It is common knowledge when someone tells you “take a hike,” it means to leave their presence; they don’t want you near. When I tell myself, “Take a hike,” it has a joyful meaning. I literally plan and execute a hike. Not a walk on pavement or a stroll in a city park, but a challenging trek on rough trails off the beaten path.

I, and at times with my wife in the many decades past, have enjoyed hiking in nature. Before moving to North Texas, I lived in Round Rock, Texas, where there were several primitive hikes within walking distance to satisfy that need. I found out that a neighbor I knew went every Saturday morning and invited me along. Soon enough, we drove to Lake Georgetown, which has 27 miles of trails around the lake. It was a fantastic way to spend Saturday mornings. Only a hard rain would keep us from our weekend hike.

Fast-forward ten years. Until recently, I did no hiking at all. The desire was there, but I had excuses: I was too busy, no challenging hiking trails nearby, and no one to hike with. This was my poorest excuse since, over my life, I have many times hiked, fished, hunted, and other outdoor activities alone and loved it.

For many years I have had back aches, culminating in February 2021 with a severe attack of spinal stenosis. The diagnosis was surgery at some point. Long story short, I did what it took to heal so that I could recover completely. In fact, I was in better shape than I was over ten years ago, and losing 70 pounds gave me enough energy to awaken the desire to hike again.

As I do when I want to accomplish some task or goal, I started researching. I knew I could carve out the time if I could find places to hike. Back in my youth, it was a trip to the library to do research; now, it was walking to my computer and consulting my friend, Google. Lo and behold, I found a free website called It not only had every hiking trail you would ever desire, but it also had maps, hiker reviews, open and close times, and a lot more.

The one downside to my plans was the fact that the nearest kind of trail that fit my requirements was over 30 miles away. I had to decide to bite the financial bullet to make that drive every week. Easy, peasy. Just do it.

My first two hikes were a warm-up, the nearby Waxahachie Creek Hike, and Bike Trail. All paved and easy to test how out of shape I was for hiking at any level. I was happy to find I was ready for an actual hike. Fortunately, rates the trails from easy to difficult, so I was able to make a list of moderately difficult trails within 50 miles. This was the rating of most trails I had hiked in Round Rock. I hiked a couple there that would have had the rating of difficult. Those involved climbing and other types of challenges.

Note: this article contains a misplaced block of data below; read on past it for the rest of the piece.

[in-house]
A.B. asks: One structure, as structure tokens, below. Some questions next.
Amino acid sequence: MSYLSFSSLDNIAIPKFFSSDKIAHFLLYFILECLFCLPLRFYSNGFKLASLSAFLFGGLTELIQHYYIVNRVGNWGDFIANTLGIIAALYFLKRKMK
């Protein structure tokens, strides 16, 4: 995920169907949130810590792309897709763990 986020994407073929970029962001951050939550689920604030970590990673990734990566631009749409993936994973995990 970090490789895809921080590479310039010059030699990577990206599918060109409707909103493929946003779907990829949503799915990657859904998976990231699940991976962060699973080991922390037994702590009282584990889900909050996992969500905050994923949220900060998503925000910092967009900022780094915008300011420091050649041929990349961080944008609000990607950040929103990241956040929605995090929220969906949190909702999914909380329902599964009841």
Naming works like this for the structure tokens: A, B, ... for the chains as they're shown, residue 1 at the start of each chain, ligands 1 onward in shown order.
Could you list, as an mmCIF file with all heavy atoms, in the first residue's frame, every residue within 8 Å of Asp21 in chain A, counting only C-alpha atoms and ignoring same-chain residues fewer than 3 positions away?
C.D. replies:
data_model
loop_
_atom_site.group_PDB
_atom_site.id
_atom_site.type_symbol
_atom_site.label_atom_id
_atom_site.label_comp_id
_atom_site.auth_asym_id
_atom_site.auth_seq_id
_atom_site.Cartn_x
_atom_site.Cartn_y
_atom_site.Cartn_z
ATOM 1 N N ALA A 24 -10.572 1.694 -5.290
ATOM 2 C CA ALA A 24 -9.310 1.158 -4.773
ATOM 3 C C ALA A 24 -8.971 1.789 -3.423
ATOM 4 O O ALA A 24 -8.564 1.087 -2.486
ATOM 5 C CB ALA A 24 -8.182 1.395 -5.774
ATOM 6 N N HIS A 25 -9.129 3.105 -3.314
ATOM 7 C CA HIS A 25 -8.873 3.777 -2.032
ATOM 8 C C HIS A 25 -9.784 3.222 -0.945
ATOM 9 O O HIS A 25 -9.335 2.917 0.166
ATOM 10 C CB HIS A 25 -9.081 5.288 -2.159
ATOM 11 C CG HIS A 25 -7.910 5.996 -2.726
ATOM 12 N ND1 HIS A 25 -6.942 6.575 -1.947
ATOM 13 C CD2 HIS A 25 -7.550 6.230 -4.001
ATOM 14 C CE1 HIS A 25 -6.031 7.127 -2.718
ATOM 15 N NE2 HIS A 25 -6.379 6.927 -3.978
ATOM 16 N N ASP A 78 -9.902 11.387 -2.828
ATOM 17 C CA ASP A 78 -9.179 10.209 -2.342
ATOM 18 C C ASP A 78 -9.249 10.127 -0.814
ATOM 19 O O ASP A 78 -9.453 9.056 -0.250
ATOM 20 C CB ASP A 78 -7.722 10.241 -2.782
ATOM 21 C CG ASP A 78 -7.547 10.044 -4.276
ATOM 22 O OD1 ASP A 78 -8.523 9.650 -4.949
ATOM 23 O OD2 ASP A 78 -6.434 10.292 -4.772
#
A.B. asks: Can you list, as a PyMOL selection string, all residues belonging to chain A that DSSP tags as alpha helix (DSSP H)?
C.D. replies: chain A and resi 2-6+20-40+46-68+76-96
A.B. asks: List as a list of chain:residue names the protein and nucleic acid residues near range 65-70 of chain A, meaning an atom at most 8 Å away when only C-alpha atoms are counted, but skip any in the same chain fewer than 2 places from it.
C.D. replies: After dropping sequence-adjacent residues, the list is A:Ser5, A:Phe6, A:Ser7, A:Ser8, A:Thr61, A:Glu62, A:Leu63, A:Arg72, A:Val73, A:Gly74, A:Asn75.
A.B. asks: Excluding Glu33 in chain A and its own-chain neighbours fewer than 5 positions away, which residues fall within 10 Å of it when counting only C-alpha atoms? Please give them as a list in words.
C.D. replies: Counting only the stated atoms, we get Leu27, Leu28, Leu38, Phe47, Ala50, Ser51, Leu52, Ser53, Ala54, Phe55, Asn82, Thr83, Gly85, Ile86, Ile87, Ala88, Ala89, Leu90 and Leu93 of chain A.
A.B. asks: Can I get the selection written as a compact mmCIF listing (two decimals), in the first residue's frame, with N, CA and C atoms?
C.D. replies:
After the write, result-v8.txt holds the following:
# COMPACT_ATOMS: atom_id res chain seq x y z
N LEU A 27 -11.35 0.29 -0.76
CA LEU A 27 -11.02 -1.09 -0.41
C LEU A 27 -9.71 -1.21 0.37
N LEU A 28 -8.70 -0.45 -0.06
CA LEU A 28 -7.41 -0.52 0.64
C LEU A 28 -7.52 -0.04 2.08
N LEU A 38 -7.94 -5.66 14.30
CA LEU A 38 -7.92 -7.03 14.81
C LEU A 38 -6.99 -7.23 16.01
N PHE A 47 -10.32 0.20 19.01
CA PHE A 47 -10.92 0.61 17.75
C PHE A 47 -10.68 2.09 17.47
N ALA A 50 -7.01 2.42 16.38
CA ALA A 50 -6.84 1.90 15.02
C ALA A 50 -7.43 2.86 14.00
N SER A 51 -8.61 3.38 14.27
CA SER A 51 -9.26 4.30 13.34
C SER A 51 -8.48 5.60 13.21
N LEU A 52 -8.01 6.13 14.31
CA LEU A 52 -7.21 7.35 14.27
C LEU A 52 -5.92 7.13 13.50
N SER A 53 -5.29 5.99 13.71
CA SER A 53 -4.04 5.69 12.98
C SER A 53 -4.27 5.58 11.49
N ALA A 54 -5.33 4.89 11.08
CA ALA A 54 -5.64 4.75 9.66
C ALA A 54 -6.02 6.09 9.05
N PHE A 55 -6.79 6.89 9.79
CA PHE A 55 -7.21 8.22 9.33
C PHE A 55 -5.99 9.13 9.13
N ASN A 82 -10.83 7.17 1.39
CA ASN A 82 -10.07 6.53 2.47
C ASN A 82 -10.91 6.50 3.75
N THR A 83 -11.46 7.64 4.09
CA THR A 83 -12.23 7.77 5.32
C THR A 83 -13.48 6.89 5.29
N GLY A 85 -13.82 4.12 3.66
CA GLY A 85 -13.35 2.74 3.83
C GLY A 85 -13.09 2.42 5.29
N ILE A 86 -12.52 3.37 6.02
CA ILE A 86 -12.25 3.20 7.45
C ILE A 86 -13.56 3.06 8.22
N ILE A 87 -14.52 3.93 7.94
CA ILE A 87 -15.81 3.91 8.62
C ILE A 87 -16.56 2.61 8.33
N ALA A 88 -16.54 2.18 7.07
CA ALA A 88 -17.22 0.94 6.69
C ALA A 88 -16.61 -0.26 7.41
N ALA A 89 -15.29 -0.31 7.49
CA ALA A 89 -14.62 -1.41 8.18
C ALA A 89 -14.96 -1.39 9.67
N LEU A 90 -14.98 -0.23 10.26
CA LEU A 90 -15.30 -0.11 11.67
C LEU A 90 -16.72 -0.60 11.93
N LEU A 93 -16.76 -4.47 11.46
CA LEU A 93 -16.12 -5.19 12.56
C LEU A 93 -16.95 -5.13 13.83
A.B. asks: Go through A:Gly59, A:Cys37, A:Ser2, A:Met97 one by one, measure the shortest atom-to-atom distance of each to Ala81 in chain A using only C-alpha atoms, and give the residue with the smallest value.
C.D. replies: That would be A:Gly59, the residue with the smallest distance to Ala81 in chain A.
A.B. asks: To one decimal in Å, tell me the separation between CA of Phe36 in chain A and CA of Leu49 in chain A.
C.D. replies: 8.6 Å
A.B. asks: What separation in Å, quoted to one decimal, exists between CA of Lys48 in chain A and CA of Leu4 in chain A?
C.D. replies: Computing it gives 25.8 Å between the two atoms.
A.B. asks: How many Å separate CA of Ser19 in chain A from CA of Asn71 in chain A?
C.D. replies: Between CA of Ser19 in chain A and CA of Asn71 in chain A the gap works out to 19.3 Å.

I made plans for a trip to the Cedar Ridge Preserve, a local chapter of the Audubon Society, the following Sunday. Most of the trails had many elevation changes, climbing up and down ridges. Sounded like my kind of hike, and I was not disappointed. I downloaded another free technological marvel on my smartphone called a pedometer. This was as smart as my phone. It told me the miles I hiked, steps, time hiking, my average miles per hour, and calories burned. It keeps a record of every hike. Oh, the wonders of modern technology.

Trip one was on Friday, August 5th, at 6:30 AM, with my new hiking shoes and pack with bottles of Smartwater®. I logged 5.09 miles at 2.5 MPH with 11,948 steps. Now, how does it know the steps? I think that is a wild guess – do phone apps “guess“? I’m not sure I want to know.

The following week at the Preserve, I did 5.25 miles; last week, it was 5.35 miles. Unfortunately, I will have to do my 5-mile hike at Waxahachie this week because the trails will be closed due to the heavy rain. That was one problem we didn’t have in Round Rock; there were plenty of all-weather trails – it was the rocks, ya know. Also, we didn’t have the weekend crowds there that we have here. I have learned to hike on weekdays in this area.

Well, there it is, another weekly time carved out for something other than laying on the couch, eating popcorn, and watching actors or sports figures working for a living. I wouldn’t mind some company. Does anyone out there want to spend Friday or other weekday mornings with me in the beautiful outdoors?

This is typical of the steps on the trails. There are hundreds of similar steps in the park.
Mulberry Trail ends at Bluebonnet Trail
Fossil Valley Trail
Bluebonnet trail, easy section.
Cattail Pond. No, those are invasive plants that killed out the cattails that used to be there.
Fossil Ridge Overlook
Escarpment Trail. The one trail that has no climbing but a steady, mile-long rise.
Escarpment creek crossing and tiny waterfall
Lots of these beauties. I have no idea what they are. If you know, add the name in a comment, please.
Bird Blind. I’m not sure the birds know about it.


Jerry The Great Outdoors

2 Replies

  1. Well, hello, Your Jerryness. I love this blog on many levels. I’m proud of all your progress. With kindest regards, from your friend: Her Stephanie-ness.

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